On Tuesday 27 November, English National Ballet and University of Roehampton released findings of a three-year study into the effects of dance on people with Parkinson’s.
The research examined English National Ballet’s national Dance for Parkinson’s programme, which, in collaboration with local hub partners, provide classes in Cardiff (National Dance Company Wales), Ipswich (DanceEast), Liverpool (MDI), London and Oxford (Oxford City Council).
Dr Sara Houston and Ashley McGill MSC collected data to understand more about the physical, psychological, social and emotional changes experienced as a result of participation in English National Ballet Dance for Parkinson’s classes.
The results suggest that dance activity:
- Helps people with Parkinson’s nurture an active lifestyle, not just physically, but also socially.
- Is a good and challenging mental workout for people with Parkinson’s and allows some participants to cope better with symptoms and disability.
- Offers a positive environment where there is a community of support through dance, allowing participants to nurture positive attitudes to the future and a sense of independence.
- Is a meaningful activity to participants and is valued highly by them.
- Is an activity that encourages a sense of feeling good about themselves, and a feeling of being more capable, despite worsening symptoms.
- Helps people with Parkinson’s to stay motivated and maintain, or improve, other non-motor aspects of daily life.
It was also evident that:
- The dance class was a place to experience freedom and capability in spite of what was happening in participants’ daily lives, but which had the potential to expand into everyday life.
- Parkinson’s Dancers consistently saw trends towards less interference of symptoms on everyday life, whereas the control participants consistently saw trends towards their illness interfering more.
- Parkinson’s Dancers saw trends towards an improved certainty about future life, (including maintaining social relationships, having hope for the future, continuing to learn new things and developing self-confidence) while the controls saw a trend towards a decreased certainty in the long term.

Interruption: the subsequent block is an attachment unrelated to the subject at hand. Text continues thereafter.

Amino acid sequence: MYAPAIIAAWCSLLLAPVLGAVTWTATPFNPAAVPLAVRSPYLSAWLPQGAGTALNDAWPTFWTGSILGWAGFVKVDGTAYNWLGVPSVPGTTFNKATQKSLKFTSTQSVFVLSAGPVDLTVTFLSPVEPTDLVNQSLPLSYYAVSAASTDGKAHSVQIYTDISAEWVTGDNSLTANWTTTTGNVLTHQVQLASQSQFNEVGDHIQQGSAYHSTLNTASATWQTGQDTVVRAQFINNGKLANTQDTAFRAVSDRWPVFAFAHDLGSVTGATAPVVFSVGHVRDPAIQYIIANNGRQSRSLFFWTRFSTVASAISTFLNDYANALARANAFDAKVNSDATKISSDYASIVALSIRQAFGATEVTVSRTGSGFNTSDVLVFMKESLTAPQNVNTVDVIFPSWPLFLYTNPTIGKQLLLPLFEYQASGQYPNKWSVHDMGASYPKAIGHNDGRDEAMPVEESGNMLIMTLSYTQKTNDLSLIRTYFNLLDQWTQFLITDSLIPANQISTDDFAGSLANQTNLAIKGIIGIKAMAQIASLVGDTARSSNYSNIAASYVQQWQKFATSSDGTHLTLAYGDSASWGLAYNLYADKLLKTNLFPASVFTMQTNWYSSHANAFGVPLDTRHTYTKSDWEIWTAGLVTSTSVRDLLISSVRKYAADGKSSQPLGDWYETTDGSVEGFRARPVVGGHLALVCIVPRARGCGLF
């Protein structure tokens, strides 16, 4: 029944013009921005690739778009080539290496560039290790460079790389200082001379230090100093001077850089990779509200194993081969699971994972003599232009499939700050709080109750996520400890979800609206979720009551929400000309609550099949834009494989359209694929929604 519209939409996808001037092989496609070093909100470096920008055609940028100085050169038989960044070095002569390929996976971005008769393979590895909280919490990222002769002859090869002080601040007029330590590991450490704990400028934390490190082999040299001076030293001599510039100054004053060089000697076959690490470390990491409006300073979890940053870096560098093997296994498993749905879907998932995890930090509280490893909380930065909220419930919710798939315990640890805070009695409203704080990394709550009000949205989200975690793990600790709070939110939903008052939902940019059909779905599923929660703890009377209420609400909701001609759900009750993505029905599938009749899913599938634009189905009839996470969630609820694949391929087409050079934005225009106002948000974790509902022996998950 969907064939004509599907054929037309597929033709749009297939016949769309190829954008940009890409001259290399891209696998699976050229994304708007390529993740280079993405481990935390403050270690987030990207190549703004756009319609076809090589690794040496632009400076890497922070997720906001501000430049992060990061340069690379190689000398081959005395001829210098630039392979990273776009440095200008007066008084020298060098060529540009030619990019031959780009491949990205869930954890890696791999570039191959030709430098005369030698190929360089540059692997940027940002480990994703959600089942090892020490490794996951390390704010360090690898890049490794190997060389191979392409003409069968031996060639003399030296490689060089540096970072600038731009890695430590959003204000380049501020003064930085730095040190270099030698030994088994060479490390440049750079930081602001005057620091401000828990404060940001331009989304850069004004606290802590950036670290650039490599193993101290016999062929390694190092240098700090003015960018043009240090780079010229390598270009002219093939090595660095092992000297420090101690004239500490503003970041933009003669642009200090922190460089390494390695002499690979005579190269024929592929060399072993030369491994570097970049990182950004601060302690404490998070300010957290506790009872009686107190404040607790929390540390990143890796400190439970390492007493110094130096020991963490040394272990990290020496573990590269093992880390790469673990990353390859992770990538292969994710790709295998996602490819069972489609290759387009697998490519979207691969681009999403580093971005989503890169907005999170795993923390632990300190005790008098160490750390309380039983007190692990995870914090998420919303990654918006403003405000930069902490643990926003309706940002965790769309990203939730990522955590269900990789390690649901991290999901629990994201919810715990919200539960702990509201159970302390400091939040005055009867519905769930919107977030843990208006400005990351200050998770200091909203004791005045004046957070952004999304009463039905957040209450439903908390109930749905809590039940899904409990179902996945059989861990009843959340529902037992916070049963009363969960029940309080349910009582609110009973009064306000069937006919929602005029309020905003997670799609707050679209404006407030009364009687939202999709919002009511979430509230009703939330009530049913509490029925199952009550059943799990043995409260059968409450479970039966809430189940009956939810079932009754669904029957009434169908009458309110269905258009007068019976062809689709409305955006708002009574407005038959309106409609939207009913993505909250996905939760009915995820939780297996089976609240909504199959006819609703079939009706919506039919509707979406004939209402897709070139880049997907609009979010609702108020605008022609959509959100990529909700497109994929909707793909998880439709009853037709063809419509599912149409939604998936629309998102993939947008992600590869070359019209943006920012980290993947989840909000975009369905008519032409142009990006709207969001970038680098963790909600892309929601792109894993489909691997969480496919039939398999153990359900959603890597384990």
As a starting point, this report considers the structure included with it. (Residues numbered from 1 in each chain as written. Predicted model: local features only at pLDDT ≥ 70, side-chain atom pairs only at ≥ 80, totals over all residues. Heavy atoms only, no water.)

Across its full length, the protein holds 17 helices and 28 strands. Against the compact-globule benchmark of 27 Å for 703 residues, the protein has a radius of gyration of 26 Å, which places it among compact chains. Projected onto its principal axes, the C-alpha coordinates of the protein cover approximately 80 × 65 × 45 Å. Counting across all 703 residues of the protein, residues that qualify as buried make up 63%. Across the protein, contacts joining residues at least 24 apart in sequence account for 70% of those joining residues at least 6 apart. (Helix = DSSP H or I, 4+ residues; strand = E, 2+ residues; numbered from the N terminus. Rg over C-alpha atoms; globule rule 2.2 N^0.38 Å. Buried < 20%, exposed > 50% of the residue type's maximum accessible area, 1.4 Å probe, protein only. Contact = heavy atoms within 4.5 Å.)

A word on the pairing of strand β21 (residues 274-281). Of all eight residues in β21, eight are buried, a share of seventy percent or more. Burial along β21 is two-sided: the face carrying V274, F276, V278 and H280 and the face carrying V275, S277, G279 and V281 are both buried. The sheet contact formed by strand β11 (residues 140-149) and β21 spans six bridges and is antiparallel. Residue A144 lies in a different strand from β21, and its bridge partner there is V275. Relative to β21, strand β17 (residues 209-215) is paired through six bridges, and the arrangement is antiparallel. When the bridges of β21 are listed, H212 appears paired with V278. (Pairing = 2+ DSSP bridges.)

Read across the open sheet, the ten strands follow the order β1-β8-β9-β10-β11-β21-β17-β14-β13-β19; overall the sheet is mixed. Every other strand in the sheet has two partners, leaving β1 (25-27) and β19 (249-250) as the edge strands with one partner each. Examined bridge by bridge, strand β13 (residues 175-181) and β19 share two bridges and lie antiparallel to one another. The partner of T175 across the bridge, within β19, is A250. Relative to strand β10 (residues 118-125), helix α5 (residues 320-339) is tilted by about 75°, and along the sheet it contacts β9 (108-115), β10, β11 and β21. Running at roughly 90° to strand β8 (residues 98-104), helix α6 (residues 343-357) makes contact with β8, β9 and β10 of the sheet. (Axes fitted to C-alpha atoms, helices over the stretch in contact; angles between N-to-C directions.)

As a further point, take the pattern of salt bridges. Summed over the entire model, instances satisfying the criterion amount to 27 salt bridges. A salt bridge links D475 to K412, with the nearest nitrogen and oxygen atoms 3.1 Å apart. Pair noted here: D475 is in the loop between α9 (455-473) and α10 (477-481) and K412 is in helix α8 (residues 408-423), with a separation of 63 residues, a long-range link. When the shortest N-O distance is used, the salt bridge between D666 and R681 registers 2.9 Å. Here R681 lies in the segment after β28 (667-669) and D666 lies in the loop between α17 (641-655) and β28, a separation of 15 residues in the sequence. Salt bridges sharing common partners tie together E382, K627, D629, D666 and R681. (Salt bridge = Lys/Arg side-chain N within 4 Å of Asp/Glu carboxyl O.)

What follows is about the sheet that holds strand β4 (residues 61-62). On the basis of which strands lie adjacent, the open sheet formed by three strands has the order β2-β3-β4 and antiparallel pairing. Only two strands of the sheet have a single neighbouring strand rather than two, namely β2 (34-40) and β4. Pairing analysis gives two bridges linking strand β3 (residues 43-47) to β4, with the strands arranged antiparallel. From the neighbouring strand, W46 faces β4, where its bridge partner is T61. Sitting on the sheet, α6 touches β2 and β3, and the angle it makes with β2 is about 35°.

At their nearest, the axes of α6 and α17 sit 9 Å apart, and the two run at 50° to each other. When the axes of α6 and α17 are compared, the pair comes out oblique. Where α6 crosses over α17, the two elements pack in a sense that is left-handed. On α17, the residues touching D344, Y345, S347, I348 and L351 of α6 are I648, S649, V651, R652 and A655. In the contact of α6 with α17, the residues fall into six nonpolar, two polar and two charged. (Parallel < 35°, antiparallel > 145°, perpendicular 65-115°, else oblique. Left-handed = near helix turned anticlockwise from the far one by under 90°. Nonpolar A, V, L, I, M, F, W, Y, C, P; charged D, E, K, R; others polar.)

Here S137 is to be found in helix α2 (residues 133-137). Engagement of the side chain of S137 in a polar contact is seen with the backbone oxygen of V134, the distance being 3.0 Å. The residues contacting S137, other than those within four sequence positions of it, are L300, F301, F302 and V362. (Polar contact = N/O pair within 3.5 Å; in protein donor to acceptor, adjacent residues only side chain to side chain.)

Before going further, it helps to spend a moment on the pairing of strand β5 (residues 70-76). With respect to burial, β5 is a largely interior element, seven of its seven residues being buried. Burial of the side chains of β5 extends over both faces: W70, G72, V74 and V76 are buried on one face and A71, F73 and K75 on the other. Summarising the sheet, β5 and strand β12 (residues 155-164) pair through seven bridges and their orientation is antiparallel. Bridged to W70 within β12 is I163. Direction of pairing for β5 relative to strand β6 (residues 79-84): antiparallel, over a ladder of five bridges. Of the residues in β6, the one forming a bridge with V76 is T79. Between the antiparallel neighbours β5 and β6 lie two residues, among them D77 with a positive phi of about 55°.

- We can conclude that dancing offers participants a physical activity that is commensurate with other physical activities. Its specialness comes in its ability to offer an activity that resonates deeply on intellectual, social and emotional levels.
The findings of Dance for Parkinson’s: An Investigative Study 2 were presented and discussed at a special symposium, which was live streamed in partnership with ArtStreamingTV.
To coincide with the release of those findings, our Dance for Parkinson’s programme was featured on BBC Breakfast and on Channel 4 News, where it received fantastic response from across the world, with many describing it as “amazing”, “wonderful” and “inspiring”. You can watch the report on the Channel 4 News facebook page.
“Whilst Parkinson’s may be closing doors on sufferers physical abilities, dance and Dance for Parkinson’s opens the door to new artistic and emotional experiences”, says Tamara Rojo, our Artistic Director, who finds that the most important effect of the classes is that “through the intimacy of dancing, the dancer’s inherent experience of achieving artistic and emotional expression surpasses the physical limitations imposed by the body.”
What next for the programme? “We want to be able to offer more opportunities for people with Parkinson’s to dance, to develop and perform their own dances, and to have a range of quality cultural experiences” says Rojo.
To meet our ambitions, we will be raising funds for our Dance for Parkinson’s programme on 4 and 5 December during The Big Give. Any gifts received on that weekend via The Big Give website will be matched, so your donations will be worth double. Help us bring Dance for Parkinson’s to more people across the UK by donating on 4 and 5 December.